“For me, the biggest challenge was the orchestration—which notes to assign to what instruments. I’ve been studying lots of orchestral scores for a while now—Strauss, Brahms, Tchaikovsky; a lot of big romantic stuff in particular. But while I was writing, I was also listening closely to modern orchestrators and arrangers, and there are two who have made an impact on me especially—François Rauber in his work with Jacques Brel, and Bob Alcivar in his work with Tom Waits.”

    Jon Brion also produced Mehldau’s 2002 album Largo, and Mehldau had been hoping to work with him again since then. “I knew from working with Jon on Largo that he was the guy who would find a way to put all the pieces together for this project. It was really quite a beast sonically at some points—two drummers playing at the same time, bass, sax, and piano, and then the orchestra on top of that. I wanted to record everything live whenever possible but wasn’t sure if we could do it. The first conversation with Jon about the music, that was for him a done deal—it had to be live, with the orchestra and the jazz group playing together. Jon had the foresight during the recording, and then a great deal of craft during the mixing, to bring it all together and sound like it does. And we were able to avoid what the conductor Dan Coleman jokingly referred to as ‘disco strings’—that is, adding the orchestra onto the jazz group’s performance after the fact.”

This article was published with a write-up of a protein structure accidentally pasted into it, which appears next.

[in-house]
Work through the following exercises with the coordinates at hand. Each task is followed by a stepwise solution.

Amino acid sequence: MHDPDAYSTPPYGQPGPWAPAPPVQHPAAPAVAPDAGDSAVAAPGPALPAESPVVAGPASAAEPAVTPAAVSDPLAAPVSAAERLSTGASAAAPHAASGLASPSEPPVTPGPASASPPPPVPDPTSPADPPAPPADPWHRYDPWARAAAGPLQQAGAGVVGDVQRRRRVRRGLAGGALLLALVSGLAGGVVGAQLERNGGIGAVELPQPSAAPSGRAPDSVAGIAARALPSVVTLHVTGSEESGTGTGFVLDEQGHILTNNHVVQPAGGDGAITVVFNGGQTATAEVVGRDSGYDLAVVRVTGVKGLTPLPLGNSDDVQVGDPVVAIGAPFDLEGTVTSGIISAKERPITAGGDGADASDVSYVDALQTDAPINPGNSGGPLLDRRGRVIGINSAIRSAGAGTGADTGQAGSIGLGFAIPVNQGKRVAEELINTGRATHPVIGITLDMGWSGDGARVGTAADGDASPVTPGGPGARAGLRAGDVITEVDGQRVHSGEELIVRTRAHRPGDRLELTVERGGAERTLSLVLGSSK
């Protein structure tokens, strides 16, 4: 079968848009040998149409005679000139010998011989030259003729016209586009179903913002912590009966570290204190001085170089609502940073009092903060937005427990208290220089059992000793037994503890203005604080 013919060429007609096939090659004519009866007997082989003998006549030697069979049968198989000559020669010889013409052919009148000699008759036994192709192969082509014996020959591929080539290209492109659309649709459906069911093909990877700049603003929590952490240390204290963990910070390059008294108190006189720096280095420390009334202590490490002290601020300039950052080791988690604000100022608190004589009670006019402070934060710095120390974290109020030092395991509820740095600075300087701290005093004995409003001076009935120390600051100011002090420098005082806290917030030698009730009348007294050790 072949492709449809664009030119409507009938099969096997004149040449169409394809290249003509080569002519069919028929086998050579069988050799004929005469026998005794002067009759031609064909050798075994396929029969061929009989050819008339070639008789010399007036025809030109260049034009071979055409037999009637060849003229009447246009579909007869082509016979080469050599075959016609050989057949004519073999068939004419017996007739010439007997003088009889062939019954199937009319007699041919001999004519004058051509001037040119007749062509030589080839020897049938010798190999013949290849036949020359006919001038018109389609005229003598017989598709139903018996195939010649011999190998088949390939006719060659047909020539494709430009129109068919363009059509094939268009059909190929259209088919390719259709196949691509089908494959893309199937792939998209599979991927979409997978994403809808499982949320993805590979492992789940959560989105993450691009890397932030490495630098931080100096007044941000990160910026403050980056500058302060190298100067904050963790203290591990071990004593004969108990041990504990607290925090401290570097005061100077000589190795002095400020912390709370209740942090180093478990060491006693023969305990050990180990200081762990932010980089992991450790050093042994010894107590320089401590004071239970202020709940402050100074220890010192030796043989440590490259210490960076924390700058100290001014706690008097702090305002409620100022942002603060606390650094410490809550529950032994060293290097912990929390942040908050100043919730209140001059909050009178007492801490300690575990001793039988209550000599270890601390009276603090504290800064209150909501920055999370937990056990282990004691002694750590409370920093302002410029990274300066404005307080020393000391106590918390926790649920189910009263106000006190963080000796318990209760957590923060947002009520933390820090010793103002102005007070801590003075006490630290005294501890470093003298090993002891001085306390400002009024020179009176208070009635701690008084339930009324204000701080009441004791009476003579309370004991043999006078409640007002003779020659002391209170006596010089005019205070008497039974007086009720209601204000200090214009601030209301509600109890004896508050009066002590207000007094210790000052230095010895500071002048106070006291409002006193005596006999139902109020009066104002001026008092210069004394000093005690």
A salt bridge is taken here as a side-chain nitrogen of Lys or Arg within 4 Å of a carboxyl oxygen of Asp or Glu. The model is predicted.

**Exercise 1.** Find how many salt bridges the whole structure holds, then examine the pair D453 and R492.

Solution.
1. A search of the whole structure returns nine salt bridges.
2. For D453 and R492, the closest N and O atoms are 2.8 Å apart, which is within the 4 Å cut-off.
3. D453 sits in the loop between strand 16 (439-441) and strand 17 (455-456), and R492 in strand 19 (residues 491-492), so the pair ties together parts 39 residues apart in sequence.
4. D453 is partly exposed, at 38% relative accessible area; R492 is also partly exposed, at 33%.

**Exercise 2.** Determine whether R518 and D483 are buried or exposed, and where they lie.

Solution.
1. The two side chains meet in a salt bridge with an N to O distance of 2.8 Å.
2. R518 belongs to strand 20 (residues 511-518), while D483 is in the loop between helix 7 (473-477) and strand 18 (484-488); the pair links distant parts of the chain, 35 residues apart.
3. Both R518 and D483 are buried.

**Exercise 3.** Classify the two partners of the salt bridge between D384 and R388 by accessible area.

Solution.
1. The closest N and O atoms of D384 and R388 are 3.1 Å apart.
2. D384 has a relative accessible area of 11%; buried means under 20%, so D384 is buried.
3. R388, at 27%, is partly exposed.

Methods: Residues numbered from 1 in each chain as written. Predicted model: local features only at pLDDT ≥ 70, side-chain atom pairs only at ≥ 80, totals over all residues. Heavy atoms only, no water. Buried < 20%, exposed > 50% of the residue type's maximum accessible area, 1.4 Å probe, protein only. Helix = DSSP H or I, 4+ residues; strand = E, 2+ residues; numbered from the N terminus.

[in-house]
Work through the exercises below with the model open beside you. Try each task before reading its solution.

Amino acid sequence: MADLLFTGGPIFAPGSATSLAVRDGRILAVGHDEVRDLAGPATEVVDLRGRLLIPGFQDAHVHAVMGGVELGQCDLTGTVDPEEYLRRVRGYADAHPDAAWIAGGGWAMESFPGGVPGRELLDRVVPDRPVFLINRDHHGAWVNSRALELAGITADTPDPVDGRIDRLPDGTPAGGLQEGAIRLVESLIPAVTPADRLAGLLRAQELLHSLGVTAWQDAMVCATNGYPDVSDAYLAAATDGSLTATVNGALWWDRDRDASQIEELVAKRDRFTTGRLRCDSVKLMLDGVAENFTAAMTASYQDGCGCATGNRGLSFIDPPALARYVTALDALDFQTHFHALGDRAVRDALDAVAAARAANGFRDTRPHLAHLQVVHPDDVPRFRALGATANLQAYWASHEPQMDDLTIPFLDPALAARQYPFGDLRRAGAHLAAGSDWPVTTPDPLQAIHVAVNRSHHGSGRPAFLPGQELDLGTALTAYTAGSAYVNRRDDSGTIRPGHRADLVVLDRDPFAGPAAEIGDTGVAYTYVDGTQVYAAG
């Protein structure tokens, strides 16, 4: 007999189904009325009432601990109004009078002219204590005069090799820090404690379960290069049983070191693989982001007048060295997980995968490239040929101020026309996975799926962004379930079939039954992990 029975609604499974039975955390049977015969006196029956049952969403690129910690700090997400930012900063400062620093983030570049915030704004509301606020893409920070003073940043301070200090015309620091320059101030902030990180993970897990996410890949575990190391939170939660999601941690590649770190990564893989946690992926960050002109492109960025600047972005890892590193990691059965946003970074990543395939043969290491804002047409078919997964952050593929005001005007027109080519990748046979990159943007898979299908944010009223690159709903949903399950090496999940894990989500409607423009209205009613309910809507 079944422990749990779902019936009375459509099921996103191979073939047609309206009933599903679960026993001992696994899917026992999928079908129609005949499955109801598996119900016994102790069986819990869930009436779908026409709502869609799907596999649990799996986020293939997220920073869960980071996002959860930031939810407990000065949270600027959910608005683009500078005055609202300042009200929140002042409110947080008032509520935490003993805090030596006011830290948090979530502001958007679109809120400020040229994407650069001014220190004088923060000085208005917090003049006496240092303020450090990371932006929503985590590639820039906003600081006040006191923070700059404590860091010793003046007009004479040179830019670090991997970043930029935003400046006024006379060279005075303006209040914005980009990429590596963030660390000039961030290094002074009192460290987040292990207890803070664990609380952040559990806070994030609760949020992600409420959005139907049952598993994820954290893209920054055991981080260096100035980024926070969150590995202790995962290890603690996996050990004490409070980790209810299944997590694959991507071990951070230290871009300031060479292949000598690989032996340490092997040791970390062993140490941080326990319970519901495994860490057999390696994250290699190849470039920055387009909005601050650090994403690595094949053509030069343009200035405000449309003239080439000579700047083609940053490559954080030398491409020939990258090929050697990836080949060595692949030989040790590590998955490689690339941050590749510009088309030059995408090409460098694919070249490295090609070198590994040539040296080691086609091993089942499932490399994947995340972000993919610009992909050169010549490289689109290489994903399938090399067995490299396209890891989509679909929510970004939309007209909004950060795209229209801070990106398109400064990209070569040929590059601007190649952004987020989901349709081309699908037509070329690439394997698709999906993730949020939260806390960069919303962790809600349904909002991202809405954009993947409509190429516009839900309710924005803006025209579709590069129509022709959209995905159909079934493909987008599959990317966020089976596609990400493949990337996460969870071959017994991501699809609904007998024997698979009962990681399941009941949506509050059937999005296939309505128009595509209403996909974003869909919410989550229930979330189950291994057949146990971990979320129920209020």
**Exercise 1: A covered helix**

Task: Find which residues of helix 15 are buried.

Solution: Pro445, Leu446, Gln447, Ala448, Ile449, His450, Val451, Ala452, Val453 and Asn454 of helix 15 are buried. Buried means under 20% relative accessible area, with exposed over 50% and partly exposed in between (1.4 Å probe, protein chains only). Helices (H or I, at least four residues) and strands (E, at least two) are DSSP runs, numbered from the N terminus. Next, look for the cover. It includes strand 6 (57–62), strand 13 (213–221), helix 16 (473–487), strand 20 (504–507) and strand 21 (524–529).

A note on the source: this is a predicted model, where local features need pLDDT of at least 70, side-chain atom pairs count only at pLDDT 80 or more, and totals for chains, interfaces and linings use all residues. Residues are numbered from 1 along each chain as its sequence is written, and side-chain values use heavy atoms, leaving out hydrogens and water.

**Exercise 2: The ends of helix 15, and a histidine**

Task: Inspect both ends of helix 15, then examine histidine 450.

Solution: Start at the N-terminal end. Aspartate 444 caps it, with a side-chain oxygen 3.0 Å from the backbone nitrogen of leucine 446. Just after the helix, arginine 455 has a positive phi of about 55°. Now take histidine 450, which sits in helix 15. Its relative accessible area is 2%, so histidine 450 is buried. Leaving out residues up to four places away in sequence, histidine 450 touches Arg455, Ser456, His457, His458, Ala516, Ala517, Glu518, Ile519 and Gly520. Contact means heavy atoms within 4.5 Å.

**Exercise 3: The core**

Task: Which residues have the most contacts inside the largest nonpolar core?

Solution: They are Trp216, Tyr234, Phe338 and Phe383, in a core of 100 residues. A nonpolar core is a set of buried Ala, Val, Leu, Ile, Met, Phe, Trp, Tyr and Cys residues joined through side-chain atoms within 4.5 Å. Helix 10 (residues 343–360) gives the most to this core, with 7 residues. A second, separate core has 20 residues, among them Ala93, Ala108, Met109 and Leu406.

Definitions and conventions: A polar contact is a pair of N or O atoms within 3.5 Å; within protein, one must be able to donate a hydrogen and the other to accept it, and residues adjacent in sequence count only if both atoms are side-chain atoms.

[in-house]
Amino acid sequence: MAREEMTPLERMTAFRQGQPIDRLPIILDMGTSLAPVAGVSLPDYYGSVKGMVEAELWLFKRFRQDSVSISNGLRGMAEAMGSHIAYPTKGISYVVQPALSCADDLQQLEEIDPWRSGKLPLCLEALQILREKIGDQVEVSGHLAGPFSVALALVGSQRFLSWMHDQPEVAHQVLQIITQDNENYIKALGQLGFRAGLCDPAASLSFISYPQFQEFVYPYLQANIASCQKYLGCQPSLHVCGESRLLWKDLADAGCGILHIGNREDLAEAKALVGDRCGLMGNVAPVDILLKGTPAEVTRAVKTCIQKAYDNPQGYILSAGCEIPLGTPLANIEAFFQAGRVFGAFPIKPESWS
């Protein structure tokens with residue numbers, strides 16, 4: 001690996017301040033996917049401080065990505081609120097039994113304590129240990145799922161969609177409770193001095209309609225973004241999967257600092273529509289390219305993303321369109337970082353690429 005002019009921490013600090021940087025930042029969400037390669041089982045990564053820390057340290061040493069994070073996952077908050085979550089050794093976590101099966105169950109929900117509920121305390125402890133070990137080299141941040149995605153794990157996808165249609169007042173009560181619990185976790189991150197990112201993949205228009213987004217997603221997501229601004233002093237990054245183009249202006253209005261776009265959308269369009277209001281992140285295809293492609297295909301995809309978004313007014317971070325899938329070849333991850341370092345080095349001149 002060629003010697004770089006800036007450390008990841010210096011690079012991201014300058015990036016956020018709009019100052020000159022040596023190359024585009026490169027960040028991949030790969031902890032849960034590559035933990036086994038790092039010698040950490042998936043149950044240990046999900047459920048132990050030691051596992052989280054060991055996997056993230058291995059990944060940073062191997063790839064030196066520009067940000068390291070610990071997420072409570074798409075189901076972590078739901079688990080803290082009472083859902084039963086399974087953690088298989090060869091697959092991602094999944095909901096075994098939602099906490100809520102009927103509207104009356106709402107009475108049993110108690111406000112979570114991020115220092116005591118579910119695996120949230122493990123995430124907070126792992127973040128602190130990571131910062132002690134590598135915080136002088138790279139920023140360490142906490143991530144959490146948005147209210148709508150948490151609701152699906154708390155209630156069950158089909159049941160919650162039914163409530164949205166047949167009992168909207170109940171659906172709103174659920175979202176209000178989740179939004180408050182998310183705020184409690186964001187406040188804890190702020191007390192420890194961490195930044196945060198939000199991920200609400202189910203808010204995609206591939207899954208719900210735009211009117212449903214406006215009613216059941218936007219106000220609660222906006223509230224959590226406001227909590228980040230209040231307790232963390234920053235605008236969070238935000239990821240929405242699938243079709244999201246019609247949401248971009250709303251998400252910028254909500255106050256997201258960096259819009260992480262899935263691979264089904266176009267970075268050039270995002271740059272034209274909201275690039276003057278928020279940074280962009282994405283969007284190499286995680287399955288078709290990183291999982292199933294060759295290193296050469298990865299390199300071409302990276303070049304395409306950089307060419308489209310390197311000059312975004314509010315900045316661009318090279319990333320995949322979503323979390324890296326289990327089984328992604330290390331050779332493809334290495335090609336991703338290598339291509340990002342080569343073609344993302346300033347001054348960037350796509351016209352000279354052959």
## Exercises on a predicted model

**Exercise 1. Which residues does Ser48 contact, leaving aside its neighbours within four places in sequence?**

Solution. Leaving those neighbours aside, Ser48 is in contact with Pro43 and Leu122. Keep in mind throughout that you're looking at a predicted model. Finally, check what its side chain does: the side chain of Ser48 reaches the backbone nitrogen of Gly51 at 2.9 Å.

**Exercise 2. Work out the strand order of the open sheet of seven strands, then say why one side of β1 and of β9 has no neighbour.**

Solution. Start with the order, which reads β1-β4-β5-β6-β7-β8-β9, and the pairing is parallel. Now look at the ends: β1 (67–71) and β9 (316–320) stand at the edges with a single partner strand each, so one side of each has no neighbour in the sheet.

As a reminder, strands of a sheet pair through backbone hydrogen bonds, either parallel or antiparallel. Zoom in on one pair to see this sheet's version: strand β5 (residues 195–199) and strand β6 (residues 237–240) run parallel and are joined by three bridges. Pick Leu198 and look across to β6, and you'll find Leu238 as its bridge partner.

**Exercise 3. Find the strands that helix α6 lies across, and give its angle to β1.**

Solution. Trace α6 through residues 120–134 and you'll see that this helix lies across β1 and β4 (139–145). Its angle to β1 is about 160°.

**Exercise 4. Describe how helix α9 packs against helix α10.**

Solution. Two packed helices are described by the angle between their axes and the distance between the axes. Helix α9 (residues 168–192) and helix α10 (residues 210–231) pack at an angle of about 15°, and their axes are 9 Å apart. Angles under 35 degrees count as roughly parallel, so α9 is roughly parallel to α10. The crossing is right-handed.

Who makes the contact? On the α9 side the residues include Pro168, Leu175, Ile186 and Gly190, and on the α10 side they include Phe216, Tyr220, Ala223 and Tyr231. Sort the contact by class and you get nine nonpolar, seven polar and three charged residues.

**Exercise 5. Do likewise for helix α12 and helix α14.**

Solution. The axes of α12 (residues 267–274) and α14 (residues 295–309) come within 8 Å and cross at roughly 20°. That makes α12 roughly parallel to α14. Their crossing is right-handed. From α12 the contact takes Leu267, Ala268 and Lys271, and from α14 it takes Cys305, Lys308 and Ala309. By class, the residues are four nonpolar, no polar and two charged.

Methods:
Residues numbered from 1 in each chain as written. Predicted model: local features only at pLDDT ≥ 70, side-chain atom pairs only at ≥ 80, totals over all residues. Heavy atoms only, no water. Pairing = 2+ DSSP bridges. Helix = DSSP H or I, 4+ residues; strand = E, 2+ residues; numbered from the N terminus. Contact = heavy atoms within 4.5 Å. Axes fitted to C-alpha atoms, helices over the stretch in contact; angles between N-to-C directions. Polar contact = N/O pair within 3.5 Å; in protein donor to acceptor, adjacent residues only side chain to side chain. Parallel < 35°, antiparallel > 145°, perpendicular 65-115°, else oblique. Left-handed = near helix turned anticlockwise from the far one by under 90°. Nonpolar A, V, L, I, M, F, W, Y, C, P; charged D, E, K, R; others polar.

Largo was a step in a new direction for the pianist, incorporating horns, strings, vibes, and electronic instruments—as well as Brion’s unique production touches. As Brion points out, though, “This time around—having done these classical things of late, and these different commissioned pieces he’s had to write—was a completely different thing. It’s like, ‘OK, I know what I learned from doing that last one. This time I have a specific angle.’”